Another object of the present invention is to provide improved fasteners for liners used in beds of pick-up trucks formed of a one piece high yield strength material with a sufficient co-efficient of deflection and wherein the fasteners will provide for thermal expansion and contraction of the liners by allowing relative movement between the liners and metal truck beds but at the same time limit the tendency of the liners to inadvertently free themselves from the beds.
A still further object of the present invention of the type and kind of a fastener described above for securing a liner to the bed of a pick-up truck, in which the liner has on its two opposite vertical sides openings for receiving the fastener, the fastener being formed of a polymer having a C shaped extending portion adapted to pass into the openings of the liner and forcibly engaging an adjacent vertical portion of the bed, the fastener also having a base portion at the inner end of the extending portion, including a projecting surface having a portion that exceeds the dimension of the openings and which engages in a fastening manner the outside adjacent surface of the liner.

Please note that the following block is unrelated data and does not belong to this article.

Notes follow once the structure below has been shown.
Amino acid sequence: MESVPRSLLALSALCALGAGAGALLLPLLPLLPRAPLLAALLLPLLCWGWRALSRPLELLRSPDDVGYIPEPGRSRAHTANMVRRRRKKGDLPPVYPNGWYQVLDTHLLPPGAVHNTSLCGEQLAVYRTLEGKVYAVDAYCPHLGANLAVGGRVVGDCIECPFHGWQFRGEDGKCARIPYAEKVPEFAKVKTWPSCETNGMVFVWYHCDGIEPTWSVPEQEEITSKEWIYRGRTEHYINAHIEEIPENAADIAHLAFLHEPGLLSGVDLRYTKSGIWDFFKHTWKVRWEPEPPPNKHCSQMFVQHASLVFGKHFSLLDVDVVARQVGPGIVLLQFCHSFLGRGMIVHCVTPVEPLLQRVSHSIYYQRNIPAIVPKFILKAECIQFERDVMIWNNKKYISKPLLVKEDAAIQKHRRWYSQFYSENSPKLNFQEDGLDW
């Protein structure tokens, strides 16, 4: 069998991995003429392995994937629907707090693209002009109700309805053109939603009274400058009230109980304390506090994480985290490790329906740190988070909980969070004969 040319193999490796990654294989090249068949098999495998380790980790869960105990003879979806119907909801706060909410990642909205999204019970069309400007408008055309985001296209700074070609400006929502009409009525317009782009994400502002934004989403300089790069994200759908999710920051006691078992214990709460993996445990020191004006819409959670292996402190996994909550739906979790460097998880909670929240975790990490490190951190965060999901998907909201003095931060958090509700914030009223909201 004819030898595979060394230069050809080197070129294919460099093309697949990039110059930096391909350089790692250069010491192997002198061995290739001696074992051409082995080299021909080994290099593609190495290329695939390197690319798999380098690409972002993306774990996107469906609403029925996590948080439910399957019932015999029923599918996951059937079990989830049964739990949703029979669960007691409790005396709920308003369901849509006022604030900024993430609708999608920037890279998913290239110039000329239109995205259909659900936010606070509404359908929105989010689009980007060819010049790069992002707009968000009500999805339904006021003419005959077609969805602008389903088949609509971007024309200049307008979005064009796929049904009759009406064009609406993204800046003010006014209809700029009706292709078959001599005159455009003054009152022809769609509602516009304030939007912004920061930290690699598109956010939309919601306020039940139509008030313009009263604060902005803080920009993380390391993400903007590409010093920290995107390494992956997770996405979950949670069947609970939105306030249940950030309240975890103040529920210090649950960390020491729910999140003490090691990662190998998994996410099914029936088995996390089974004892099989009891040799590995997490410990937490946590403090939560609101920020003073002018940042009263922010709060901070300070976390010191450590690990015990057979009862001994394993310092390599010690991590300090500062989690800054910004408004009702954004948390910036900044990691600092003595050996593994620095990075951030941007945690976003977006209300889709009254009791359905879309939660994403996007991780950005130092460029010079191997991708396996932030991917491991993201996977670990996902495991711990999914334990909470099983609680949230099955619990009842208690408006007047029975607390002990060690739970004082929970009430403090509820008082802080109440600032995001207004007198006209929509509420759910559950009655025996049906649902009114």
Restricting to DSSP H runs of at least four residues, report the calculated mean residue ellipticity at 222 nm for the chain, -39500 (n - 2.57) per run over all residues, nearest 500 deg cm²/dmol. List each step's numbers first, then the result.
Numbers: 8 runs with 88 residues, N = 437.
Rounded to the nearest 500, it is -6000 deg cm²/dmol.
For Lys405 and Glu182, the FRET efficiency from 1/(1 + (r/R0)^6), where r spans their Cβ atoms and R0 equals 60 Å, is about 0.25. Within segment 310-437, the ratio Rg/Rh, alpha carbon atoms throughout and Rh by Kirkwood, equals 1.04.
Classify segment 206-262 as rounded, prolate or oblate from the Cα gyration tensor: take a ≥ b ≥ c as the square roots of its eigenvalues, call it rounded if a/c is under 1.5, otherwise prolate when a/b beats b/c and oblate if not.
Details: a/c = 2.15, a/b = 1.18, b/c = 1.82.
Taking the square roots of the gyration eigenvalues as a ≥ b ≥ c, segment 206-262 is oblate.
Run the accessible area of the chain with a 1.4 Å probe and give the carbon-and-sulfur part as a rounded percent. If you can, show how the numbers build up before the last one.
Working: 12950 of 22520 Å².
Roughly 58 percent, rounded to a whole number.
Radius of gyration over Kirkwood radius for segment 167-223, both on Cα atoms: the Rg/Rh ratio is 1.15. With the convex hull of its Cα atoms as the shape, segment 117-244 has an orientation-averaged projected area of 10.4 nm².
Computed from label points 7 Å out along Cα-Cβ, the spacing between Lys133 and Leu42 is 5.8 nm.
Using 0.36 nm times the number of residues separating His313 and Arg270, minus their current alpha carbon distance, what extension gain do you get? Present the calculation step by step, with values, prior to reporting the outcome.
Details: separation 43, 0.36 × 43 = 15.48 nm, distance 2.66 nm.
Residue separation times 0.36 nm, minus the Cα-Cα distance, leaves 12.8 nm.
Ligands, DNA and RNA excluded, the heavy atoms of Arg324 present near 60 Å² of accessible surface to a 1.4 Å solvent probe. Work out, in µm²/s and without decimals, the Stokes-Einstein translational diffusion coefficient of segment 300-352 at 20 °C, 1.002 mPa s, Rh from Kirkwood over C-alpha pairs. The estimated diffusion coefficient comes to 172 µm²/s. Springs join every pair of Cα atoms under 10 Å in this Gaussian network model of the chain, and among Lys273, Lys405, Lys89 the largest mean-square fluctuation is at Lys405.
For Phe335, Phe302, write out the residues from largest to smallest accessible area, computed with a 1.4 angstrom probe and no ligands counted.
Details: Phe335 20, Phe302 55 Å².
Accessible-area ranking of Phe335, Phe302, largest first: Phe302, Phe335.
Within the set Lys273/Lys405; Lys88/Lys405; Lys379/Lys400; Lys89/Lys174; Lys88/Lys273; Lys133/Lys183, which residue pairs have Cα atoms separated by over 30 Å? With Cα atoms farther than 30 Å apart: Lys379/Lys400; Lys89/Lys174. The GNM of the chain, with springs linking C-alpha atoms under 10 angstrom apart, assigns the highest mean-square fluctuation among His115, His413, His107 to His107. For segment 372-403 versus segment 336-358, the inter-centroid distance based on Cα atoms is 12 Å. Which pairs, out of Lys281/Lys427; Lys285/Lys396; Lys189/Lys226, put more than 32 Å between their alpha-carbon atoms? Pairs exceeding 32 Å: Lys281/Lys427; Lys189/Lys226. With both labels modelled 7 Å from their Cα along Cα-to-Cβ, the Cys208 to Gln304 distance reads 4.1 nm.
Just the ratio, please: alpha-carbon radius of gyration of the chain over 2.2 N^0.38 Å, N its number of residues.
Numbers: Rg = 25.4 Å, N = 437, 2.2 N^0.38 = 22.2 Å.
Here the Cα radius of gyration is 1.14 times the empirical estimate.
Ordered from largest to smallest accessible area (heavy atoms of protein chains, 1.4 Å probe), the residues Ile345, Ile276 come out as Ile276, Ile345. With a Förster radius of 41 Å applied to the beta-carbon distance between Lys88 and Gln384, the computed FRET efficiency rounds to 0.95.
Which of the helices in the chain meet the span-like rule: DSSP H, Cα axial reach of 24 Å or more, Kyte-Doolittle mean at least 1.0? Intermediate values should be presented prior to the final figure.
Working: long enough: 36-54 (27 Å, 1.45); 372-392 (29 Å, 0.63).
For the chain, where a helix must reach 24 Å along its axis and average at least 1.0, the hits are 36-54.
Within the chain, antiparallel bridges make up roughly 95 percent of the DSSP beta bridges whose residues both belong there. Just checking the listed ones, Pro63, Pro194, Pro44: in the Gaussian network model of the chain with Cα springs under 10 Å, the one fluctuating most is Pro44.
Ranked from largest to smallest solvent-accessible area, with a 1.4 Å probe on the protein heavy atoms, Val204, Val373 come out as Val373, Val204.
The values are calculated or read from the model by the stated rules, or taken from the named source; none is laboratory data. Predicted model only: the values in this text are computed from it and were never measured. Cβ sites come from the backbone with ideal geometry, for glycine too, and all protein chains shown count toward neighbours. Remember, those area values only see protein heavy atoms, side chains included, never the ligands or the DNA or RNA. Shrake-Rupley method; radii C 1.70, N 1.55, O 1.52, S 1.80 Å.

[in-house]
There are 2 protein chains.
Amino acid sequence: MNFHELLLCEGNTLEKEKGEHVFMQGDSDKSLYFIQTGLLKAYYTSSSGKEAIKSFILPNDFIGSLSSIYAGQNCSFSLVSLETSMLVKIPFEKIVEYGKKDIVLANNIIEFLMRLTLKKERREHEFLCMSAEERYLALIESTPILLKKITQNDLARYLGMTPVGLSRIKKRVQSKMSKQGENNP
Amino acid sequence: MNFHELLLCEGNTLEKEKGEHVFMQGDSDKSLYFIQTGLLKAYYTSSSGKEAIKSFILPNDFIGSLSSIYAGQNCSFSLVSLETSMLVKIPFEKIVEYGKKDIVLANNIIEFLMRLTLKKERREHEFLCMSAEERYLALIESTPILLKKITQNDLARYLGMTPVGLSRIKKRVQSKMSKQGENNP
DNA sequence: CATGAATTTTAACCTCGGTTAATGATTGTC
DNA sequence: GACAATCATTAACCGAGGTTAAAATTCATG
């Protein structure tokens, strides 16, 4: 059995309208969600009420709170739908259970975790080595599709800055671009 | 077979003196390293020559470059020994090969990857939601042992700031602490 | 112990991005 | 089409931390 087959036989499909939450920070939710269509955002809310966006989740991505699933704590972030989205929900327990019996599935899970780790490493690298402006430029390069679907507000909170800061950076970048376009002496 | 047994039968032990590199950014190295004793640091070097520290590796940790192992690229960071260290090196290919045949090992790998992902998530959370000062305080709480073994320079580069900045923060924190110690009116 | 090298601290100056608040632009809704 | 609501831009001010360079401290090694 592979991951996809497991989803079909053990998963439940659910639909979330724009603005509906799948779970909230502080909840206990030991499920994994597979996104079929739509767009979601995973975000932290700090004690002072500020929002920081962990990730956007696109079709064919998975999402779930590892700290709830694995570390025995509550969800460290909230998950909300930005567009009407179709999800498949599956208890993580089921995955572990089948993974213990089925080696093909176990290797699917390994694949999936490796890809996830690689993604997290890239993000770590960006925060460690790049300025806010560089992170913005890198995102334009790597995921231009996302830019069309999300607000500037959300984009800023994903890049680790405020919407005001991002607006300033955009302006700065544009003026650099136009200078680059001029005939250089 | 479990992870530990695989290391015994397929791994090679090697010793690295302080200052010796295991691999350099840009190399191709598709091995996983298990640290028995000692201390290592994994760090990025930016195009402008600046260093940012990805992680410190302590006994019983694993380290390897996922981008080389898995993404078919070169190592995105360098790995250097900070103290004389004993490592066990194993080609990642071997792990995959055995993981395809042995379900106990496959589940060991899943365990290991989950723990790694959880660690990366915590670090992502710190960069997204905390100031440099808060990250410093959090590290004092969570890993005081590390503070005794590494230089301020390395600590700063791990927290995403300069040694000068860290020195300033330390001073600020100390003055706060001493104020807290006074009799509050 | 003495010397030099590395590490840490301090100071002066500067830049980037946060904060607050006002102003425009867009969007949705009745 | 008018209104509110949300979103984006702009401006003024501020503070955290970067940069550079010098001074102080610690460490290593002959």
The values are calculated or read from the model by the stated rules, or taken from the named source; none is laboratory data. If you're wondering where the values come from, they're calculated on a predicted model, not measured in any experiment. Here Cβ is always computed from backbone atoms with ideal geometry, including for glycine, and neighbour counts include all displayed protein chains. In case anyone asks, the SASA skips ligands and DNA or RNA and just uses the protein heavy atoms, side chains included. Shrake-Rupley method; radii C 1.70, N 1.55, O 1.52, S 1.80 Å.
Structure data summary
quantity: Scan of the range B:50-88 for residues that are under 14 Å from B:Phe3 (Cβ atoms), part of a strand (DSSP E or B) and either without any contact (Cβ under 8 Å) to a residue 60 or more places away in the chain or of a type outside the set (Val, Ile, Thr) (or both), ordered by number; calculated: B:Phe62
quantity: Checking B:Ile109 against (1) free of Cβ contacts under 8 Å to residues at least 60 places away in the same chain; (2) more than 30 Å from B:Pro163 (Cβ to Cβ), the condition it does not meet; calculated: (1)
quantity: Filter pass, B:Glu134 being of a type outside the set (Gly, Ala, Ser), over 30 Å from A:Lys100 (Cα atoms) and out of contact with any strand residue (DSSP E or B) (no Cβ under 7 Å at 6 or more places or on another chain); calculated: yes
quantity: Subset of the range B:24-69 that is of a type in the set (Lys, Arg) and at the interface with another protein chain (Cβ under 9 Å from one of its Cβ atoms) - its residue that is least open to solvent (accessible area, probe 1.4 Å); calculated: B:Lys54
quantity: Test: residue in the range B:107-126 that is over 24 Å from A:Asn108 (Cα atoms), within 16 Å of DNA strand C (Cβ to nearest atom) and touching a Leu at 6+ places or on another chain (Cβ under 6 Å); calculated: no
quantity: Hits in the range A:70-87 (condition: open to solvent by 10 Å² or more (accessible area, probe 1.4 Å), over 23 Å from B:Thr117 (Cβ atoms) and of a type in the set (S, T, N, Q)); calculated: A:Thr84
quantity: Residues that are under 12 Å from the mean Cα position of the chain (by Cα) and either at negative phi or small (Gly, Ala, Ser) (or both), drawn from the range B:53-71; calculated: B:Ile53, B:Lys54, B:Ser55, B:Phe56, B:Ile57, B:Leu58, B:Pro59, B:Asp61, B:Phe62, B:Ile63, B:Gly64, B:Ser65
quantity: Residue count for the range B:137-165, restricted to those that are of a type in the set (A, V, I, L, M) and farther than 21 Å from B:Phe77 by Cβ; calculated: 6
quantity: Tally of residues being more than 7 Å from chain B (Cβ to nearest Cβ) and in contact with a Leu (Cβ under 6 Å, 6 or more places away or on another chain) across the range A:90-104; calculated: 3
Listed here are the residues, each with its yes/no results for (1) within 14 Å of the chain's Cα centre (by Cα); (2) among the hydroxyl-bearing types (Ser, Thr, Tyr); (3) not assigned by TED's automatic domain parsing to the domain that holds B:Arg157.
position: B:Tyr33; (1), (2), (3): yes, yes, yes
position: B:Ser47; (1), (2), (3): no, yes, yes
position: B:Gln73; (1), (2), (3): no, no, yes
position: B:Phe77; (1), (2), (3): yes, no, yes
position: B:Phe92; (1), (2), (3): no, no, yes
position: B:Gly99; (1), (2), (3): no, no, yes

FIG. 1 is a partial perspective view of the cargo bed of a typical pick-up truck, including a protective bed liner secured to the bed by fasteners constructed in accordance with the present invention,
FIGS. 2A and 2B are sectional views taken on lines II--II of FIG. 1, FIG. 2A illustrating the position of the fastener immediately before fastening and FIG. 2B illustrating the fasetener in its fastening position;